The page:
04.03.2013

A new technique for solving ‘graph Laplacians’ is drastically simpler than its predecessors, with implications for a huge range of practical problems.

In the last decade, theoretical computer science has seen remarkable progress on the problem of solving graph Laplacians — the esoteric name for a calculation with hordes of familiar applications in scheduling, image processing, online product recommendation, network analysis, and scientific computing, to name just a few.

At this year’s ACM Symposium on the Theory of Computing, MIT researchers will present a new algorithm for solving graph Laplacians that is not only faster than its predecessors, but also drastically simpler. “The 2004 paper required fundamental innovations in multiple branches of mathematics and computer science, but it ended up being split into three papers that I think were 130 pages in aggregate,” says Jonathan Kelner, an associate professor of applied mathematics at MIT who led the new research. “We were able to replace it with something that would fit on a blackboard.”

The MIT researchers — Kelner; Lorenzo Orecchia, an instructor in applied mathematics; and Kelner’s students Aaron Sidford and Zeyuan Zhu — believe that the simplicity of their algorithm should make it both faster and easier to implement in software than its predecessors. But just as important is the simplicity of their conceptual analysis, which, they argue, should make their result much easier to generalize to other contexts.

... more about:

»Carnegie »Problem Solving »algorithm »computer science »conceptual analysis »familiar applications »graph Laplacian »image processing

»Carnegie »Problem Solving »algorithm »computer science »conceptual analysis »familiar applications »graph Laplacian »image processing

Overcoming resistance

A graph Laplacian is a matrix — a big grid of numbers — that describes a graph, a mathematical abstraction common in computer science. A graph is any collection of nodes, usually depicted as circles, and edges, depicted as lines that connect the nodes. In a logistics problem, the nodes might represent tasks to be performed, while in an online recommendation engine, they might represent titles of movies.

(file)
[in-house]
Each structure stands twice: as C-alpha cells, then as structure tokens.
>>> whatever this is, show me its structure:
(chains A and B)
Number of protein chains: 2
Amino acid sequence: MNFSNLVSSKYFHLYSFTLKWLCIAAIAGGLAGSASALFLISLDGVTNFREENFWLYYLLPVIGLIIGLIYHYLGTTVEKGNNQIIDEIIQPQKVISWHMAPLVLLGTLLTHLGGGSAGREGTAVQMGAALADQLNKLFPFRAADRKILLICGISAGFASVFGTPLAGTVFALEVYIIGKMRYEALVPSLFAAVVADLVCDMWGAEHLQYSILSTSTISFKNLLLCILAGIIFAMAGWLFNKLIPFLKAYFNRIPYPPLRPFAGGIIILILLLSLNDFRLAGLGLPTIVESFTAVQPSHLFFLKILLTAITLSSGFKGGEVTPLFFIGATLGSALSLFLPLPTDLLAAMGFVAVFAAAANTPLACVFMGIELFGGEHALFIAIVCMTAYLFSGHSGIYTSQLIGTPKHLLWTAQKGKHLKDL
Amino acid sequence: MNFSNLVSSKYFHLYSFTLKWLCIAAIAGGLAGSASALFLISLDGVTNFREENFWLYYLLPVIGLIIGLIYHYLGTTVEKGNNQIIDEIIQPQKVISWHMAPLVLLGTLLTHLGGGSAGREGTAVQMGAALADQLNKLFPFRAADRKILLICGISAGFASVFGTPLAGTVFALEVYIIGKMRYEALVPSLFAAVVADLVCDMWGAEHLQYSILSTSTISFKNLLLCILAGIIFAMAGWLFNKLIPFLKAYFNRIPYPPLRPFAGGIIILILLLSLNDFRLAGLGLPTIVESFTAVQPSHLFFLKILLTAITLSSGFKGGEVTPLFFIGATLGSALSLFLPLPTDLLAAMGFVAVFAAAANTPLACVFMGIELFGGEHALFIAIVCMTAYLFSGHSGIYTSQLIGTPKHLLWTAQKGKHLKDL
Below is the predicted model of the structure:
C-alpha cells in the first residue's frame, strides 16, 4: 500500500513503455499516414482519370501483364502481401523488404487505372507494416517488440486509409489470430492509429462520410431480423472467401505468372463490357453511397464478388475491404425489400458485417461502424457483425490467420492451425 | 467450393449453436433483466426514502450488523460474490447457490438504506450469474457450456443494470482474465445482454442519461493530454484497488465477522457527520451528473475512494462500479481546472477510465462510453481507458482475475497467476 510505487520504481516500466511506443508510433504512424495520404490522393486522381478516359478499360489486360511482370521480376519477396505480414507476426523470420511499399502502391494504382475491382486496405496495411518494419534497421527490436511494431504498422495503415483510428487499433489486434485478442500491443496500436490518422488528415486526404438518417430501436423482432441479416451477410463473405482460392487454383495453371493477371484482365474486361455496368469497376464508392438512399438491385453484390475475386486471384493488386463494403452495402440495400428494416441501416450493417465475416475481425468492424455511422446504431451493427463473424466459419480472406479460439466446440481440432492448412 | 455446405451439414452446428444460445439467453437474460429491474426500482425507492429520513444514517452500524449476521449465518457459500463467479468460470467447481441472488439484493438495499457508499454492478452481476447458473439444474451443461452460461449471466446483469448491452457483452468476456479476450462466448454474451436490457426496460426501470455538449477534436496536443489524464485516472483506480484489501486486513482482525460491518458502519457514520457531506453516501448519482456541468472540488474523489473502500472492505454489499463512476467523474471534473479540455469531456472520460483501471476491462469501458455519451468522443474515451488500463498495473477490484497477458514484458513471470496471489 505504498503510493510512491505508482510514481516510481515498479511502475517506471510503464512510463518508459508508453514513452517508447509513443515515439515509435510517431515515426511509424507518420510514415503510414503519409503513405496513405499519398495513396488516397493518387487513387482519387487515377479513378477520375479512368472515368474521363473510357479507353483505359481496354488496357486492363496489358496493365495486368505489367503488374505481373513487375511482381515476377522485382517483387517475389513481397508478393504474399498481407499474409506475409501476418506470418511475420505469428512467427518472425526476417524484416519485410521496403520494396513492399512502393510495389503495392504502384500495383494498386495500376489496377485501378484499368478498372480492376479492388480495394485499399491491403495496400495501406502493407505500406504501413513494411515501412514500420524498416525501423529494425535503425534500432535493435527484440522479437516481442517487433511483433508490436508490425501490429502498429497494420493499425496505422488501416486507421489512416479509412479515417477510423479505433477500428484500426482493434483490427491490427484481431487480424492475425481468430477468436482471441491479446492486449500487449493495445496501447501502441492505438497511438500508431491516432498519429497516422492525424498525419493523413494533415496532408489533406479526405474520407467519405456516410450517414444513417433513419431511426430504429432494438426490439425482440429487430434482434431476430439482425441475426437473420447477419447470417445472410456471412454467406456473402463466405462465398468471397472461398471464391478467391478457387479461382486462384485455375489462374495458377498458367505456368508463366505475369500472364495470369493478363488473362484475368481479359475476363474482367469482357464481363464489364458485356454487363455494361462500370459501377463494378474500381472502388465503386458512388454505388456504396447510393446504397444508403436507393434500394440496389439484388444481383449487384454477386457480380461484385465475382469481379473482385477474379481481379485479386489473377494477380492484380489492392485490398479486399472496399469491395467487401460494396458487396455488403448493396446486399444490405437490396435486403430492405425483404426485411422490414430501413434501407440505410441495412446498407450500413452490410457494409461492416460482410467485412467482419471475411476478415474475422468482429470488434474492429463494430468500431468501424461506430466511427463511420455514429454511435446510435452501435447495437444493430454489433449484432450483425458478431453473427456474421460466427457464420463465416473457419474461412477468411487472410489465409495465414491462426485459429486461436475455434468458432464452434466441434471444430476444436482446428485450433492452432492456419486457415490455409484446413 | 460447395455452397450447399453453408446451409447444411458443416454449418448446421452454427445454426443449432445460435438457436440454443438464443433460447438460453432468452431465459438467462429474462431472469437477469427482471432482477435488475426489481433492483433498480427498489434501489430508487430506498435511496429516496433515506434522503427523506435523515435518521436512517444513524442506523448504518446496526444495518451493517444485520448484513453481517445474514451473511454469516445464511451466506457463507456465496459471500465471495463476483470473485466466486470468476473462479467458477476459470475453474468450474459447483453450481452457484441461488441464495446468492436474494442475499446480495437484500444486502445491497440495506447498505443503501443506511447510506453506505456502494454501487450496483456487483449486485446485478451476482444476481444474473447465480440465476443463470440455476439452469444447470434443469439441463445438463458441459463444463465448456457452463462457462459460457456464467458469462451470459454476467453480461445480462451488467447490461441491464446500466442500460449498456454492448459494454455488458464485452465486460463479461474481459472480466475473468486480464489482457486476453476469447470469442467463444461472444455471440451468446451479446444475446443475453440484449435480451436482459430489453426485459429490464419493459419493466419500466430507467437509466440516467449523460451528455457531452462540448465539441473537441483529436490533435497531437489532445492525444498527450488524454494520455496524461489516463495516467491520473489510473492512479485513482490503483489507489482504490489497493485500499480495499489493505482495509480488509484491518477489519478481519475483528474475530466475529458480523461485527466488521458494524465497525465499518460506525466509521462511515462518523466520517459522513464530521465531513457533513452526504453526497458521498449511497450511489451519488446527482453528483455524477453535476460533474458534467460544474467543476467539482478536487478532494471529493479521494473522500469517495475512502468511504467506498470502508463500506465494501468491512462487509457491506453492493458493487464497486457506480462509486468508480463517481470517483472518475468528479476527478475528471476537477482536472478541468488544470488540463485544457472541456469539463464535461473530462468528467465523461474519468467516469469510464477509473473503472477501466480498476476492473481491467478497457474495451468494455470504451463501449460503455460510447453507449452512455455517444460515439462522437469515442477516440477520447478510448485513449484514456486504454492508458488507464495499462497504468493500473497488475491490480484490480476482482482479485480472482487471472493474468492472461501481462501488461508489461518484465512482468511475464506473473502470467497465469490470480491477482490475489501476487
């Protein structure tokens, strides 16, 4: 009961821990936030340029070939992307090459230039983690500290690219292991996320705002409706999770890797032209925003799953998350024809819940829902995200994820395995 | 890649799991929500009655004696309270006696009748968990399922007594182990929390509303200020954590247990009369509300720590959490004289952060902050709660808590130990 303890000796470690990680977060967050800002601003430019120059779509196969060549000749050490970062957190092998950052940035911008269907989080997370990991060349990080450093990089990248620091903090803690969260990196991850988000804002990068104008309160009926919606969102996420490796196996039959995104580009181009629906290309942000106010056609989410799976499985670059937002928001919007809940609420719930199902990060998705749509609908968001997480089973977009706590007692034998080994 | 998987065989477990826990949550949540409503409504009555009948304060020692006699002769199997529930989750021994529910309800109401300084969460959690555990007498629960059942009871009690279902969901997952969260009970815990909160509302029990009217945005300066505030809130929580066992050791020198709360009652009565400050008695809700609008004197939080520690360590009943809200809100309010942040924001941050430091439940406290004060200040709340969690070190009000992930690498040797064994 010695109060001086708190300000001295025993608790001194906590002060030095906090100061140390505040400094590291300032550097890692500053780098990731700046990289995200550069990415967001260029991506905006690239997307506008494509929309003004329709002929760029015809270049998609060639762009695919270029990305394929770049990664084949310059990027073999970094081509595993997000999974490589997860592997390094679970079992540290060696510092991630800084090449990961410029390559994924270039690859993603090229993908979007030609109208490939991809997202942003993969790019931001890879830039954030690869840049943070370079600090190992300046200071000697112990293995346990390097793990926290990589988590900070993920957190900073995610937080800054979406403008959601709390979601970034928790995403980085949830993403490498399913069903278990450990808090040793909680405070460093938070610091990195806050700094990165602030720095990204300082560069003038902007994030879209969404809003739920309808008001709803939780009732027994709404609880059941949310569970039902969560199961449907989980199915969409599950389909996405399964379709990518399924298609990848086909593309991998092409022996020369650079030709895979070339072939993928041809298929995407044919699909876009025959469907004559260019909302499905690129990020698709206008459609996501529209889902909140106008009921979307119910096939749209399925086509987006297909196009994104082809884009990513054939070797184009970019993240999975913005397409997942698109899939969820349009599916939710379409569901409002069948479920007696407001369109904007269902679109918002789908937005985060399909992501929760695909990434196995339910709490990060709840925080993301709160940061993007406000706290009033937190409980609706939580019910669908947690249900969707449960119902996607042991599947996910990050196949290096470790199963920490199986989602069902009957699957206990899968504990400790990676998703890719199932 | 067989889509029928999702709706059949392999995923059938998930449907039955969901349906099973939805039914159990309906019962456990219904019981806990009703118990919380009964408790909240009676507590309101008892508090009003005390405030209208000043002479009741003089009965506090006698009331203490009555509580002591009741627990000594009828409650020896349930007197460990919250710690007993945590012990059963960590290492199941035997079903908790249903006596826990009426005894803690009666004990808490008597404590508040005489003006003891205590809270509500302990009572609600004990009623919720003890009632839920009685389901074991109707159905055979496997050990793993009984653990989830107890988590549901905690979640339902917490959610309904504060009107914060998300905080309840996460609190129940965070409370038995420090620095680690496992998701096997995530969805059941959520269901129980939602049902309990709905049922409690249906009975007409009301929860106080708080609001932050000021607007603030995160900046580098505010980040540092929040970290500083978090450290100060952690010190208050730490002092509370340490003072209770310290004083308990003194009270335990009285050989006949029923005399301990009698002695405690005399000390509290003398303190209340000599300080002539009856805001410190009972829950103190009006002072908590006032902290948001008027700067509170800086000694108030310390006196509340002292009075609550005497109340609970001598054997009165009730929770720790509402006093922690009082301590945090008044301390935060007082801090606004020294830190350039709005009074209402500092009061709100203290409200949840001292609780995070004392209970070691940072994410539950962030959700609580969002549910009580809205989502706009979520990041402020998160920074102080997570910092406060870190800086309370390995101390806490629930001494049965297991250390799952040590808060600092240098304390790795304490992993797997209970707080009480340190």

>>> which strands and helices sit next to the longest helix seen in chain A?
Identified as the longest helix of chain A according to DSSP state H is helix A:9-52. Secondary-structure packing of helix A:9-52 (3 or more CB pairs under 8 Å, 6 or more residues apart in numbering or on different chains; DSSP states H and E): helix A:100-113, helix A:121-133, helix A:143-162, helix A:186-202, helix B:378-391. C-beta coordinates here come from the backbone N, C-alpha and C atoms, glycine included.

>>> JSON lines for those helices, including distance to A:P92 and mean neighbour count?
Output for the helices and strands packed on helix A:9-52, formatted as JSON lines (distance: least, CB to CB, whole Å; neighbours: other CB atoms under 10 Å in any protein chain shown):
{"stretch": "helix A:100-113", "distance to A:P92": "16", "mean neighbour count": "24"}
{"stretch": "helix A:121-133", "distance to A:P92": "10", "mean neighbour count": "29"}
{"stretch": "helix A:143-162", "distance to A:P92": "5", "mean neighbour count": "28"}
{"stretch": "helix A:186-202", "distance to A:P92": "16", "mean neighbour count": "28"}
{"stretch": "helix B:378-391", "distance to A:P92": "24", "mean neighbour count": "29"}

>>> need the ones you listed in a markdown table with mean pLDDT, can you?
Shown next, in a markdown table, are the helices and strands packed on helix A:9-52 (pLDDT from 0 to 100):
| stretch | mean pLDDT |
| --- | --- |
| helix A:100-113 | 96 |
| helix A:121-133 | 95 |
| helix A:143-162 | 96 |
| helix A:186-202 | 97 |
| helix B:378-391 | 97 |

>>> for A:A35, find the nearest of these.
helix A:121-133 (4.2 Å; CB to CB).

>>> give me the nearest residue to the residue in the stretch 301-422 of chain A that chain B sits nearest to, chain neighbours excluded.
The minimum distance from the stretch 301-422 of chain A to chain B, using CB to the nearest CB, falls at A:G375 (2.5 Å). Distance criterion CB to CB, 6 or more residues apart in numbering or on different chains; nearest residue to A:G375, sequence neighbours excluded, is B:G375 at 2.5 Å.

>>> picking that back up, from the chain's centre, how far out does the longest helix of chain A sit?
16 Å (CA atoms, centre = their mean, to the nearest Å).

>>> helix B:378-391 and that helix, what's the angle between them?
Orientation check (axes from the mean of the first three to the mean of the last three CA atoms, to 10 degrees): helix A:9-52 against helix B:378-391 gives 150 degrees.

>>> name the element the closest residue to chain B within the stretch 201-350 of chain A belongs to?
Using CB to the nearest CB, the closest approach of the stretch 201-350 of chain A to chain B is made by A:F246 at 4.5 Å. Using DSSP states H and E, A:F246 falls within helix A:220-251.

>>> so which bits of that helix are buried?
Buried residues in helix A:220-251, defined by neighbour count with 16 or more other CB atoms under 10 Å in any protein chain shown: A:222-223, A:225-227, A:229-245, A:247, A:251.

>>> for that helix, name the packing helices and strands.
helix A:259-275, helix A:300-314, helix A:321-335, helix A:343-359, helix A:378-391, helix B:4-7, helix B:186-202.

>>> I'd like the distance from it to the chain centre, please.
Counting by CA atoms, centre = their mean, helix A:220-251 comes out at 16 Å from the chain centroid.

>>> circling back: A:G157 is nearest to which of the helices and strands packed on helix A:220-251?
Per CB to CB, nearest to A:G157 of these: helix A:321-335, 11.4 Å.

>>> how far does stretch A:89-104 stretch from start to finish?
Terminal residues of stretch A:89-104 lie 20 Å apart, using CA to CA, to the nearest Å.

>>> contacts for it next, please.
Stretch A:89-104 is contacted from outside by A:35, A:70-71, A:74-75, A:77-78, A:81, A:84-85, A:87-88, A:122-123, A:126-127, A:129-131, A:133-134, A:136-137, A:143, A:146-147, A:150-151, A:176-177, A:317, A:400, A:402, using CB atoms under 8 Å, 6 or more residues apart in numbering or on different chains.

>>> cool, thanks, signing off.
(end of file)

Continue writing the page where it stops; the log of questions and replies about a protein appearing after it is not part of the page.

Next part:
In many graphs, the edges are “weighted,” meaning that they have different numbers associated with them. Those numbers could represent the cost — in time, money or energy — of moving from one step to another in a complex logistical operation, or they could represent the strength of the correlations between the movie preferences of customers of an online video service.

The Laplacian of a graph describes the weights between all the edges, but it can also be interpreted as a series of linear equations. Solving those equations is crucial to many techniques for analyzing graphs.

One intuitive way to think about graph Laplacians is to imagine the graph as a big electrical circuit and the edges as resistors. The weights of the edges describe the resistance of the resistors; solving the Laplacian tells you how much current would flow between any two points in the graph.

Earlier approaches to solving graph Laplacians considered a series of ever-simpler approximations of the graph of interest. Solving the simplest provided a good approximation of the next simplest, which provided a good approximation of the next simplest, and so on. But the rules for constructing the sequence of graphs could get very complex, and proving that the solution of the simplest was a good approximation of the most complex required considerable mathematical ingenuity.

Looping back